3. 40 years, Male Right HTN 5 days Severe on rest and mild on protrusion Absent Acute infarct in left basal ganglia region, left corona radiata and adjacent subcortical white matter with bilateral chronic lacunar infarcts Excellent
4. 59 years, Male Right HTN, DM 7 days Only on rest Absent Acute infarct involving the right basal ganglia and periventricular white matter changes Moderate
5. 41 years, Male Right DM 2 days Severe on rest and mild on protrusion On protrusion Acute infarct in the left basal ganglia region and chronic infarcts in left frontoparietal cortical-subcortical regions Moderate
6. 45 years, Female Right DM, HTN, Dilated cardiomyopathy 4 days Both rest and protrusion On protrusion Acute infarct in left corona radiata regions with bilateral chronic lacunar infarcts Excellent
7. 55 years, Male Right Chronic bidi smoker 3 days Severe on rest and mild on protrusion Absent CT scan of brain revealed left thalamic hemorrhage Patient died
8. 62 years, Female Right Rheumatic heart disease 24 months Severe on rest and mild on protrusion Tremor on protrusion Chronic infarcts in bilateral cerebellum, left thalamus, right basal ganglia, right posterior frontal and parietal areas, and left corona radiata regions Moderate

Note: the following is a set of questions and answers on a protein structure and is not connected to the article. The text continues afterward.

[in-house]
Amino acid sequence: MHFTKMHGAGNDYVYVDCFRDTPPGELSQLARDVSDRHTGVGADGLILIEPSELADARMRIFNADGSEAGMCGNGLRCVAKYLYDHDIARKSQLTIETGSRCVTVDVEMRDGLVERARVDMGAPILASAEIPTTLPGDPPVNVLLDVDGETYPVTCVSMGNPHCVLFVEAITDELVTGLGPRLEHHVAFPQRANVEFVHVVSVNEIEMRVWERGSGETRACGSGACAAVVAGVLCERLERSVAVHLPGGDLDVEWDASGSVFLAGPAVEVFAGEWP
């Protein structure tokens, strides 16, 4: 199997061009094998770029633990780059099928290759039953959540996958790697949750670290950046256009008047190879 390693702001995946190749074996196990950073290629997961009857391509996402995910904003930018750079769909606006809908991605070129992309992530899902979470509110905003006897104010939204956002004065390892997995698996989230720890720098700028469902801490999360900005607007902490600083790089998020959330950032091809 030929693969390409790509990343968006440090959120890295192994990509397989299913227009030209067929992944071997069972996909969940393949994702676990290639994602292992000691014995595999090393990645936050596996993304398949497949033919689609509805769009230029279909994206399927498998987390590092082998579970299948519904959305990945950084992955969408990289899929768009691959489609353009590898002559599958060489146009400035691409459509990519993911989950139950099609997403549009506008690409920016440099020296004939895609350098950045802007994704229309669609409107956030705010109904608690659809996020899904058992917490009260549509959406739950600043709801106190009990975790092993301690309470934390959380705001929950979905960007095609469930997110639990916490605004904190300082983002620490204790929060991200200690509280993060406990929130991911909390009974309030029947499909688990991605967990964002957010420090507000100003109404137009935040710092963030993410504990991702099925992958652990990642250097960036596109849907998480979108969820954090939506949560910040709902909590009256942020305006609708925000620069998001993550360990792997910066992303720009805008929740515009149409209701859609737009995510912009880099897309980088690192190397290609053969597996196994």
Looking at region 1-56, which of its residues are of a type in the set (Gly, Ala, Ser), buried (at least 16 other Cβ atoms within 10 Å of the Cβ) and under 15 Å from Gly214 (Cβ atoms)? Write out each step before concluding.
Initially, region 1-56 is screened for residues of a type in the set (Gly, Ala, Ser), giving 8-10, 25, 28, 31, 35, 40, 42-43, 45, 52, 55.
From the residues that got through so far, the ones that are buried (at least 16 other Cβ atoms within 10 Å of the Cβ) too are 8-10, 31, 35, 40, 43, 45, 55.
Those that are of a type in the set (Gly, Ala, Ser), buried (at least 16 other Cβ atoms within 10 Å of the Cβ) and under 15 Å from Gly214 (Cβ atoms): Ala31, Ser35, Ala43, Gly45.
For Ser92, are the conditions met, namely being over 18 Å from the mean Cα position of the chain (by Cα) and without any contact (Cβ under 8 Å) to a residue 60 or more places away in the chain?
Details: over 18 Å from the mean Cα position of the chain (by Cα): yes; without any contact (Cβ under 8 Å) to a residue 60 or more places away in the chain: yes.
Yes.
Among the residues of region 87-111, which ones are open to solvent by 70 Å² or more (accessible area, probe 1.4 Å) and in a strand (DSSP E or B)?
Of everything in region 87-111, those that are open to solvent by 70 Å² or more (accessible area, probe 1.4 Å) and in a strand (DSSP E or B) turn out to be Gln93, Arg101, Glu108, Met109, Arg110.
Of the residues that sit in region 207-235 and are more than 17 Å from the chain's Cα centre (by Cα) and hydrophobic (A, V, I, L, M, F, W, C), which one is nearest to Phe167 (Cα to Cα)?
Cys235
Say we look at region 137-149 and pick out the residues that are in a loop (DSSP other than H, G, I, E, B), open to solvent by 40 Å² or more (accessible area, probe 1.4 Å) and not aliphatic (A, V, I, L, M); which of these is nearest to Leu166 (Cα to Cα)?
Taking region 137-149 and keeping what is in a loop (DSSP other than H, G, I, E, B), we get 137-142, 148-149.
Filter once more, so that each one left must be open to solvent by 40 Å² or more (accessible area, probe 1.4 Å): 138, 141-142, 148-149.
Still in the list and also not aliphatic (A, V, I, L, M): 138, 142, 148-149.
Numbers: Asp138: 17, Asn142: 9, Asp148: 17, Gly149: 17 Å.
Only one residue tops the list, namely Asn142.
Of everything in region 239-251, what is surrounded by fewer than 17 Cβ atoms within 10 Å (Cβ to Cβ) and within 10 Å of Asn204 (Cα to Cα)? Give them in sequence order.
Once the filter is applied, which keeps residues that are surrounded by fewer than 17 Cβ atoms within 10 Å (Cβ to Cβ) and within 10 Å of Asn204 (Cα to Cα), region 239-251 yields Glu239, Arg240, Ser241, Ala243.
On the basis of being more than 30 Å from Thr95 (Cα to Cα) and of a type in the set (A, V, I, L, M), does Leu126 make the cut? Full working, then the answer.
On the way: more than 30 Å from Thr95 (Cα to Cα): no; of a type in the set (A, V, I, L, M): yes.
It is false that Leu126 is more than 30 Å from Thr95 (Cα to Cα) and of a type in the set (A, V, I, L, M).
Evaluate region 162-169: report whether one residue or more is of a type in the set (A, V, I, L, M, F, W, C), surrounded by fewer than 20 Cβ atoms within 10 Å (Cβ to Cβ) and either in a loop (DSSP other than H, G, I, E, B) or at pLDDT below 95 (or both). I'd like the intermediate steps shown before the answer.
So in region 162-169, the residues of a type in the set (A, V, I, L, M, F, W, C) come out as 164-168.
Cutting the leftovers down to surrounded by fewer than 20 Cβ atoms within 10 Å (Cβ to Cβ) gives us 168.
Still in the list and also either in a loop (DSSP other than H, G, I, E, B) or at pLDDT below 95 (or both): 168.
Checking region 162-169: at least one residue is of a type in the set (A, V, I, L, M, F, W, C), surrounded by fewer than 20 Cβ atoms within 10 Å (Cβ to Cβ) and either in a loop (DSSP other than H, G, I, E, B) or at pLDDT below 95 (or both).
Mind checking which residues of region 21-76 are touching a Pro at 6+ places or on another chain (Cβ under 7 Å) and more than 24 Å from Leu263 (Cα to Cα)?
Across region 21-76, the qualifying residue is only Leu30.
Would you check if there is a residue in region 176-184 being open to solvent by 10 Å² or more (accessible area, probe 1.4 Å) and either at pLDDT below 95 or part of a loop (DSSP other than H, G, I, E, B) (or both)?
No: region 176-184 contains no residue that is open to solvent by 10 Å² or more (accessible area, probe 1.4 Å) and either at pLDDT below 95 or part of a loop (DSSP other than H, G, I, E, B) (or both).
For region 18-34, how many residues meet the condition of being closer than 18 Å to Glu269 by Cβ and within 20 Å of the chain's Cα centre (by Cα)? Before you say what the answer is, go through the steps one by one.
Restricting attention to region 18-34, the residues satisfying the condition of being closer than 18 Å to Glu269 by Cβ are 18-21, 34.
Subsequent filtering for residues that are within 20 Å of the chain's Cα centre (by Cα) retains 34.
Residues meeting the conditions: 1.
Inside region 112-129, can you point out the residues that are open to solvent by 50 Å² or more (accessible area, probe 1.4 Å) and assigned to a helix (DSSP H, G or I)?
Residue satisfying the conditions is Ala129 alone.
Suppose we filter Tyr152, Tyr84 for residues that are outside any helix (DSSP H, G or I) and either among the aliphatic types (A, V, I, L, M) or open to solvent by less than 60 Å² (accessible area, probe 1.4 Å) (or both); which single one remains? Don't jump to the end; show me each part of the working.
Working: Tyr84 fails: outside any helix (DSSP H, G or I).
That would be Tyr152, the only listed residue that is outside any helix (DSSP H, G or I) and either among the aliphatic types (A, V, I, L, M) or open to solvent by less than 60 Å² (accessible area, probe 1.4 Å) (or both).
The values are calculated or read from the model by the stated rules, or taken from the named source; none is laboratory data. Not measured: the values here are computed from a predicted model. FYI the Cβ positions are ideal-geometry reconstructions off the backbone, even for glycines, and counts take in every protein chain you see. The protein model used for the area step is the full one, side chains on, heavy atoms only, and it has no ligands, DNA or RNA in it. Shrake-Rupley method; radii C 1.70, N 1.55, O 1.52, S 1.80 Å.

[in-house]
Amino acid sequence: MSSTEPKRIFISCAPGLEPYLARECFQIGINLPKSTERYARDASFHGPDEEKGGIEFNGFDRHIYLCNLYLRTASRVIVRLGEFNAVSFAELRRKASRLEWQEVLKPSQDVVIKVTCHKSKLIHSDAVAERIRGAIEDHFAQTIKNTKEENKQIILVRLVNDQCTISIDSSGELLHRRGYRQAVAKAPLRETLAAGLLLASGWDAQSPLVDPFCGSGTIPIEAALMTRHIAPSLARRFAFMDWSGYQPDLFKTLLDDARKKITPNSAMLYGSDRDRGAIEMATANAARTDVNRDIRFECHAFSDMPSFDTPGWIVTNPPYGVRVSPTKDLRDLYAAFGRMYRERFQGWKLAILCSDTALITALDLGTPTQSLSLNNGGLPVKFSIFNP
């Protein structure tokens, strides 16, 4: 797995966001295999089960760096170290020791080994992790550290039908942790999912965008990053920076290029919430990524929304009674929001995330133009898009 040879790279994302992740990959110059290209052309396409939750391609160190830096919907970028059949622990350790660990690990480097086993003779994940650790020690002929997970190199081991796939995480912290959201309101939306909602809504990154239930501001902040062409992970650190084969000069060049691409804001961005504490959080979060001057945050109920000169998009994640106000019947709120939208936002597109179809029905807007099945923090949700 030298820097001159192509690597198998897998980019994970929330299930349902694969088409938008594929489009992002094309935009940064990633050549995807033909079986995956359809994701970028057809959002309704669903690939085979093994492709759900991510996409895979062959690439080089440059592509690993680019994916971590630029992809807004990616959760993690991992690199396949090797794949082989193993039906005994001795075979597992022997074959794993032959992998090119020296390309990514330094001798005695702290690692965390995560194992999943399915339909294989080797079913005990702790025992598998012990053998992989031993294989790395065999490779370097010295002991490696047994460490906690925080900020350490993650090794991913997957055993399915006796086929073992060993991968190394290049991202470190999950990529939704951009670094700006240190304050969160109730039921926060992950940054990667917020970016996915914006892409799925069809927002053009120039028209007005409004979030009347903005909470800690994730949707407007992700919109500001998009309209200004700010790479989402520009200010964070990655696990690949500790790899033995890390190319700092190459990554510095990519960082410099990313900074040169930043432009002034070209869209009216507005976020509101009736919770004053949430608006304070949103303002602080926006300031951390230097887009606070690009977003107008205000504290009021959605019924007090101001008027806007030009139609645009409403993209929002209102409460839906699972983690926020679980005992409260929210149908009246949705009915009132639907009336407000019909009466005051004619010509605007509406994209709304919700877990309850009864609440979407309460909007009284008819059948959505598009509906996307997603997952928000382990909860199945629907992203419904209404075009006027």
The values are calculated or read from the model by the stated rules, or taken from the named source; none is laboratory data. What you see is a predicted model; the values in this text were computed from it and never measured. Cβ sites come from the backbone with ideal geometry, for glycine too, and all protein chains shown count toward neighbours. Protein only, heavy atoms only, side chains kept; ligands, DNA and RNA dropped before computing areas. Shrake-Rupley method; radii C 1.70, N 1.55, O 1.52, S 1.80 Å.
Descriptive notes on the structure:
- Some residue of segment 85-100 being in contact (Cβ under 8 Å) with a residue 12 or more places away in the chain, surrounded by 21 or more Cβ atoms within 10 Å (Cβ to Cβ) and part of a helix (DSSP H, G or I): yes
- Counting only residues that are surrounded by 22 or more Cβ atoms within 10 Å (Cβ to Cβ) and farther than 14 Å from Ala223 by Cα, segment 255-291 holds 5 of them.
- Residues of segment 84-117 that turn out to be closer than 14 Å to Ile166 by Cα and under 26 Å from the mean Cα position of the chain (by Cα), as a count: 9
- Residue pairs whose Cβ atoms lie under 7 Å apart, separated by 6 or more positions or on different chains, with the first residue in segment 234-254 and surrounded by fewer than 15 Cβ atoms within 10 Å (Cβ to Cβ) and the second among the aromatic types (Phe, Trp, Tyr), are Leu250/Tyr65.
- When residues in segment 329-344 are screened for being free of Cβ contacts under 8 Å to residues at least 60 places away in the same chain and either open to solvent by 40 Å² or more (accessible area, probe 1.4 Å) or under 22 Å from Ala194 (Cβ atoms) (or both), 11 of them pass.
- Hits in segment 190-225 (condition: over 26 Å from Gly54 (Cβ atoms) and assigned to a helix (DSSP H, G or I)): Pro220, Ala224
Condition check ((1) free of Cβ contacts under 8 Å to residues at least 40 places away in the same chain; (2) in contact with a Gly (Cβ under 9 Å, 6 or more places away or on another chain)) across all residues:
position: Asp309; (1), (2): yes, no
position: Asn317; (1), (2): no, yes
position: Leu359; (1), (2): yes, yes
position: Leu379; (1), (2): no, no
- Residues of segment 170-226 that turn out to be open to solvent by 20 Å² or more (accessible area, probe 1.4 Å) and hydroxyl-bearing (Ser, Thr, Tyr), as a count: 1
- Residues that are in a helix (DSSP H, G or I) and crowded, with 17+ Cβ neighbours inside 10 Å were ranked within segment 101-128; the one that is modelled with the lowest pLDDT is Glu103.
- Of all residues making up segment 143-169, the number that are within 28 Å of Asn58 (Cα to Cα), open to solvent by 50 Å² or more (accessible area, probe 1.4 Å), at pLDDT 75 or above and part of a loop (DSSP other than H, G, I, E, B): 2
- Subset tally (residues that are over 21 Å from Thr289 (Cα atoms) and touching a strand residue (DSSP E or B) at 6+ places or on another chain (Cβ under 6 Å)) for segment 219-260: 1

9. 61 years, Male Right Alcohol 5 months Both on rest and protrusion Tremor on rest and protrusion Chronic infarcts in bilateral basal ganglia and predominantly right temporo-parietal regions with white matter hyperintensities in bilateral periventricular areas Mild
10. 59 years, Female Right DM 18 months Only on rest Tremor on rest and protrusion Chronic infarcts in left fronto-parietal, bilateral pons, basal ganglia and right frontal subcortical regions Mild
11. 65 years, Female Right HTN,Cardiac apical aneurysm 4 months Severe on rest and mild on protrusion Tremor on protrusion Chronic infarct in left middle cerebral artery territory with haemorrhagic transformation Mild
Case Number Age and Sex Neurological Examination Findings

Abbreviation: MRC: Medical research council.

1. 70 years, Female Left hemiparesis (MRC power grade 4-/5)
2. 54 years, Male Normal motor power, left upper limb dystonic tremors, and right laterocollis
3. 40 years, Male Right sided brachiofacial weakness (MRC power grade 4/5), right upper limb dystonia, laterocollis
4. 59 years, Male Left sided brachiofacial weakness (MRC power grade 4/5)
5. 41 years, Male Right upper limb weakness (MRC power grade 4+/5)
6. 45 years, Female Left hemiparesis and dysphagia (MRC power grade 4-/5), left upper limb dystonic tremors
7. 55 years, Male Right sided hemiplegia (MRC power grade 2/5)
8. 62 years, Female Normal
9. 61 years, Male Alexia, residual right hemiparesis (MRC power grade 4+/5), brisk reflexes, right upper limb dystonia and dystonic tremors, short shuffling gait and postural instability
10. 59 years, Female Right sided brachiofacial weakness (MRC power grade 4/5)
11. 65 years, Female Right sided hemiparesis (MRC power grade 4-/5) including mild weakness of face and tongue